Inoperable Diagnosis? Get a Second Opinion Many patients come to us for a second opinion after receiving an inoperable diagnosis. Inoperable heart surgery may be made possible by new and advanced techniques. Don’t hesitate to seek a second opinion. Dr. Ciuffo may be able to help when other doctors have decided the risks are too high. Inoperable Heart Surgery Many patients are diagnosed as high risk because of factors like age, frailty, or other diseases. Some patients with factors prohibiting heart surgery can receive successful life-saving procedures with minimally invasive techniques. High-risk patients should seek a second opinion on their inoperable heart surgery diagnosis. It’s impossible to say whether minimally invasive surgery is an option for you without a full examination and diagnosis, but the chances are good that minimally invasive techniques can help you or a loved one.   Inoperable Diagnosis An inoperable diagnosis is often based on the doctor’s opinion of the patient’s ability to handle the shock of traditional heart surgery. Traditional surgery often results in broken ribs and massive incisions that take weeks or months to completely heal. With the shock of the invasion of the body, combined with the risks of infection, traditional heart surgery is extremely difficult for even healthy patients. If age, other diseases, or frailty are factored in, it may seem like an inoperable diagnosis is sound. However, with minimally invasive techniques, the risks are significantly reduced. Second Opinion Don’t be afraid to question the doctor who has given you a diagnosis. Ask why the cardiologist believes the diagnosis is “inoperable,” and have them write down their answers. Ask what the...

Advantage of Minimally Invasive Heart Surgery

Advantage of Minimally Invasive Heart Surgery New technologies are emerging all the time. As open heart surgery treatments advance, there are new options and choices facing patients. As you move toward open heart surgery as a treatment, consider all your options and weight the benefits and risks with your medical team to decide what the best course of action is for you. Open Heart Surgery It used to be that open heart surgery was a last-resort risk. The recovery time was slow and the procedure often left behind large scars which took a long time to heal. Traditional open heart surgery involved breaking through the ribcage, usually through the sternum itself, to reach the heart. This left the patient with a long, hard and often painful recovery. New techniques and technologies allow for a much less invasive option for most patients. Sternotomy Traditionally, open heart surgery, or sternotomy, meant entering the chest through a large incision, breaking the sternum to reach the heart, and performing the surgery. The potential problems included inflammation, swelling, pain, a longer recovery time, and infection. The s hock to the heart and the blood loss made it more difficult for patients to recover fully and heal efficiently. Fortunately, minimally invasive heart surgery options are now available. Minimally Invasive Heart Surgery With minimally invasive heart surgery, there is a much smaller incision, which can often be hidden beneath the fold of a breast. Since the incision is made between the rib bones rather than entering through the sternum, recovery time is much shorter and less painful. The risk of infection is also greatly lowered. The...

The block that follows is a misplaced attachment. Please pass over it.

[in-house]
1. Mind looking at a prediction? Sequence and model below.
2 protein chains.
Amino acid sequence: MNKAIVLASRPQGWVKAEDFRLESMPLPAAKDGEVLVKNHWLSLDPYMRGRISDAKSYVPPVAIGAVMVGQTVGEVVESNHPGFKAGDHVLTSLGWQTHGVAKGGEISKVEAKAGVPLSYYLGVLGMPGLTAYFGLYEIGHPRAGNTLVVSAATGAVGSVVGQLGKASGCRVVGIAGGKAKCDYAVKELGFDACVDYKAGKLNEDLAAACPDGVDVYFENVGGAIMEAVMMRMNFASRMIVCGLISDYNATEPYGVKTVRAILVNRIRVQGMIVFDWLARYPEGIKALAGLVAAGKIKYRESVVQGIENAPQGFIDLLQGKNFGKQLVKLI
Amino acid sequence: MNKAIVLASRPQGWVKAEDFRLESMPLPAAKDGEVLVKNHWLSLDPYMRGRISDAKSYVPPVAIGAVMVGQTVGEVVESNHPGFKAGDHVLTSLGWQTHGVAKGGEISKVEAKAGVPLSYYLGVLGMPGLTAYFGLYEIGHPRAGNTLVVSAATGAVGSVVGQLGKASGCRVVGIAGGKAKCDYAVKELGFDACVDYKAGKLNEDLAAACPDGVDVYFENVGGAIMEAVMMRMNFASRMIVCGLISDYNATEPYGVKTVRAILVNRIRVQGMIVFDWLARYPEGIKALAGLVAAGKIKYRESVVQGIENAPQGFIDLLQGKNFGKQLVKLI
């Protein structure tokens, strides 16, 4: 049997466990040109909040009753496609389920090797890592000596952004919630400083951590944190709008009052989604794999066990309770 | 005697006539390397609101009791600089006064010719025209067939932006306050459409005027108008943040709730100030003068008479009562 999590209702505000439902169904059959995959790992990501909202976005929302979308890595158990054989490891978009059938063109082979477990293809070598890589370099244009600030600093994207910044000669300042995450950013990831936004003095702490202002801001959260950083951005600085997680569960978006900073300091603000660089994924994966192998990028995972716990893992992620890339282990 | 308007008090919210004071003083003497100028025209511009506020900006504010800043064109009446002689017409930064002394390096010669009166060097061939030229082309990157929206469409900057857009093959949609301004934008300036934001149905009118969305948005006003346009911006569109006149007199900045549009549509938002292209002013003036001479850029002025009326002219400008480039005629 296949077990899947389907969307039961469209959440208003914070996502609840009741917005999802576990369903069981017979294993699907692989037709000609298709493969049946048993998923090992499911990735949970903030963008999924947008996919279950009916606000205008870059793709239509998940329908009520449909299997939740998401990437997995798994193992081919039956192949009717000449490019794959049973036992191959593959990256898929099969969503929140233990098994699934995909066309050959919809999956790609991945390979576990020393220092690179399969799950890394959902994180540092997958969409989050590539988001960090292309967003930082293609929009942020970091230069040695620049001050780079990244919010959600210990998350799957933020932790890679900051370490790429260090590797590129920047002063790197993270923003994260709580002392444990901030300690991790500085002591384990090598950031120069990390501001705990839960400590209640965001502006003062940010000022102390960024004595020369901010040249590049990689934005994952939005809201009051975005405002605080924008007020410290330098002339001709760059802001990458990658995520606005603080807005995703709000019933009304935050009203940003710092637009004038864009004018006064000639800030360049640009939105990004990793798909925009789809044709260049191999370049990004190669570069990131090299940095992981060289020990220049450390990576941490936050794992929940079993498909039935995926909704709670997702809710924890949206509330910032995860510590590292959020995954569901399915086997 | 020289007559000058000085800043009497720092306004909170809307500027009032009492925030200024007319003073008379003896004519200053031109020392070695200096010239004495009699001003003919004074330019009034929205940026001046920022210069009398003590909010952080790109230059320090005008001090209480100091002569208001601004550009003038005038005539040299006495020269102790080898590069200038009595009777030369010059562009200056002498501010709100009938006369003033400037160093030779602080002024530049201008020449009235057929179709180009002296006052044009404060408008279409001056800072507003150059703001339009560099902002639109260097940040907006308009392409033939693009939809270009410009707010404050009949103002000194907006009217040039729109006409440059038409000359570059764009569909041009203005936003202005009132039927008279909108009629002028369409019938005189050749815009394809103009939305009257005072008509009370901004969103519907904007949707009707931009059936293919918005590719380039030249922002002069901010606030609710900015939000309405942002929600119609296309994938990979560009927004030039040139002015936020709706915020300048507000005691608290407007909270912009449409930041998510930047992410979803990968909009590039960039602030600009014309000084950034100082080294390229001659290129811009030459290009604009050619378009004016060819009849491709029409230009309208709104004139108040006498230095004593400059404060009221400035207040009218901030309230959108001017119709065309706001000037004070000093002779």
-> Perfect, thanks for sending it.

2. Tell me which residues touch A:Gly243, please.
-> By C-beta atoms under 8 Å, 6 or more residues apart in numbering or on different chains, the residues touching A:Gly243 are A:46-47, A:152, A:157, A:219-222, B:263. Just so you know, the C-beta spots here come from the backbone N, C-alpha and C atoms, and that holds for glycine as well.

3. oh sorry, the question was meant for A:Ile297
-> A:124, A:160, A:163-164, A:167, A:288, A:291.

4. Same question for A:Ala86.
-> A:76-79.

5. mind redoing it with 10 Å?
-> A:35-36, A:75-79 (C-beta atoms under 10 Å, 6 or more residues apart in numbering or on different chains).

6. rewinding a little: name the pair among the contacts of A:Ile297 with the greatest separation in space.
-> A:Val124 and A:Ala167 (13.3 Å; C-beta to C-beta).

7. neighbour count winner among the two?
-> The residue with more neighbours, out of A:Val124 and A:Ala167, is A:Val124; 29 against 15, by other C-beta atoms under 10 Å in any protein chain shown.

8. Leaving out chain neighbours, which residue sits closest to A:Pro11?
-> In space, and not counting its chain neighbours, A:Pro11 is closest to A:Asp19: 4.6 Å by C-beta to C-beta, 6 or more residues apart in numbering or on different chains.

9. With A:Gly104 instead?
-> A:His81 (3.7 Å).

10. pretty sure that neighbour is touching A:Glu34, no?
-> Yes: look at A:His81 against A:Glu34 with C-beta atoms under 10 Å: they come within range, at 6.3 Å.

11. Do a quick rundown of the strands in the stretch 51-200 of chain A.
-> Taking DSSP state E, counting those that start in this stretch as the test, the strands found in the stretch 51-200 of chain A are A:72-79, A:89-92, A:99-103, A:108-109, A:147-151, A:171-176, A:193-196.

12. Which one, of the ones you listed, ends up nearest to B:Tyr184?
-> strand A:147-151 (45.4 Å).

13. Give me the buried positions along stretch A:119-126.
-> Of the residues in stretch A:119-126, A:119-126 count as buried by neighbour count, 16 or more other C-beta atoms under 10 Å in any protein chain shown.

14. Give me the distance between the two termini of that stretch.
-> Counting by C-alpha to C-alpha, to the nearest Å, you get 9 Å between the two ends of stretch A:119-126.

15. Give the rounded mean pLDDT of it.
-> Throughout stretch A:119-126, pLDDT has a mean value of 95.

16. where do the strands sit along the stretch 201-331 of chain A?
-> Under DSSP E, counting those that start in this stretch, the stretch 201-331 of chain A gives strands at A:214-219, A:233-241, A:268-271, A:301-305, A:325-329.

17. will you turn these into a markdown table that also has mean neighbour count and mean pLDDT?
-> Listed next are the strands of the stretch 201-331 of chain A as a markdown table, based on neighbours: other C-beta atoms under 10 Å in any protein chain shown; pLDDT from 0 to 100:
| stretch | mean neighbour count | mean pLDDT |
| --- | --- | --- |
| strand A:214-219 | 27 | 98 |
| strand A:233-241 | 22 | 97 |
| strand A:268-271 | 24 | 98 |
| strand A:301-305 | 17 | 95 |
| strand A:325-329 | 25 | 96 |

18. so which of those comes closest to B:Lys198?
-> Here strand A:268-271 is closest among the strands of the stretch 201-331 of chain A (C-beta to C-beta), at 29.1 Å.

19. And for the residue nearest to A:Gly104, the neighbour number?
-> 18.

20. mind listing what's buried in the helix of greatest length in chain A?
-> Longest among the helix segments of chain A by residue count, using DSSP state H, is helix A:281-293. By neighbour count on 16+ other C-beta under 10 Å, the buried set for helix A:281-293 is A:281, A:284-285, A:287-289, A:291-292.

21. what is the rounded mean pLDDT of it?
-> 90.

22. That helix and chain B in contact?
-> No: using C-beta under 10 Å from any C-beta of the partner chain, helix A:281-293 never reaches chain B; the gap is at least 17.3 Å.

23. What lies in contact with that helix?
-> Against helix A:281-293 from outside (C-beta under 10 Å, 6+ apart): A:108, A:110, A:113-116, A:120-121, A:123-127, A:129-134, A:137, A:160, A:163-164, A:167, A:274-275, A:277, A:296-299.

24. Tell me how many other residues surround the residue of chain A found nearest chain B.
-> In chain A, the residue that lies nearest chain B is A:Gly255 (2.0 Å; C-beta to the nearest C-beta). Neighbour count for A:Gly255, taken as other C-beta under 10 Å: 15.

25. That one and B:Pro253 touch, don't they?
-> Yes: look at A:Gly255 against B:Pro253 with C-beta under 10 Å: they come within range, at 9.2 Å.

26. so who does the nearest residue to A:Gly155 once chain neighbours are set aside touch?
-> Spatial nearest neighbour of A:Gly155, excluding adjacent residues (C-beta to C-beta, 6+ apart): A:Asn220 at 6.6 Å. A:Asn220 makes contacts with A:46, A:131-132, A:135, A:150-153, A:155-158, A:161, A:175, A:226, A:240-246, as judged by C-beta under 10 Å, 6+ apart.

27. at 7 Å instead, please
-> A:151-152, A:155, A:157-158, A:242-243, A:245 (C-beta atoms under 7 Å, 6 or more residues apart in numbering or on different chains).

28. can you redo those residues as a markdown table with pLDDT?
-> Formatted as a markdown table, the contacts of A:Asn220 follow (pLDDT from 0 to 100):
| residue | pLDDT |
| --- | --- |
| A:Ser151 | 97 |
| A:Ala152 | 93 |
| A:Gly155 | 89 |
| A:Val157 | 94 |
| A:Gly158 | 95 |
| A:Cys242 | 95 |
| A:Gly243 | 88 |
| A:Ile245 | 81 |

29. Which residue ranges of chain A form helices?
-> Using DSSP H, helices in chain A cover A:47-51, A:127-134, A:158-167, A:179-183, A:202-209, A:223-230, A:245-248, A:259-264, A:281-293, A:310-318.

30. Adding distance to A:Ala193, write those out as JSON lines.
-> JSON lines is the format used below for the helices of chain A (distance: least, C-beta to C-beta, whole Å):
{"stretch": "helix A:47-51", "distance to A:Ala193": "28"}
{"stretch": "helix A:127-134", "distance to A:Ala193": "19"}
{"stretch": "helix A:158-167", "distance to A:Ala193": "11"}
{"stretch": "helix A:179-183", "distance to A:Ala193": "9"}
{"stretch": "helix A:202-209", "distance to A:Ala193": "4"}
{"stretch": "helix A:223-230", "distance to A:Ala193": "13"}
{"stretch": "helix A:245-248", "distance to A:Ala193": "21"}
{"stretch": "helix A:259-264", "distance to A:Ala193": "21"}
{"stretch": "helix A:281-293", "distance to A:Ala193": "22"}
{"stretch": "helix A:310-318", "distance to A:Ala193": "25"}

Inoperable Heart Disease – Tips to Find a Solution

Inoperable Heart Disease-  Tips For Finding Solutions A diagnosis of inoperable heart disease can be discouraging. A heart condition may be difficult to live with. Minimally invasive bloodless heart surgery may offer options that may not be possible with traditional methods. The treatment options available are dependent upon a number of conditions, including both your own physical health and the scope of experience of the doctors dealing with your case. Inoperable Heart Disease Each patient’s case is decided individually. There are steps you’ll need to take when facing a diagnosis of inoperable heart disease. It’s important not to panic or lose hope. Even if your case isn’t a good candidate for surgical options, there are many treatments available that can extend and improve the quality of your life.  Ask questions. Request that the medical doctor in charge of your case and your surgeon explain exactly why your case is considered “inoperable.” Be sure to write down the details of their answers.  Obtain copies of all of your diagnostic records, including imaging- CAT scans, catheterizations, echocardiograms, EKG and other reports.  Gather copies of all the reports pertinent to your case, including blood test and other results. Heart Disease Heart disease is not a completely-understood condition. There are many aspects that doctors have to make their best educated and trained guesses about the potential outcomes of treatment options. While you’re gathering your records, reach out for a second opinion.  Seek a second opinion. Gather your information and bring it to the new doctor, so that they may evaluate your case fully and to avoid repeating expensive testing.  Ask your doctor to...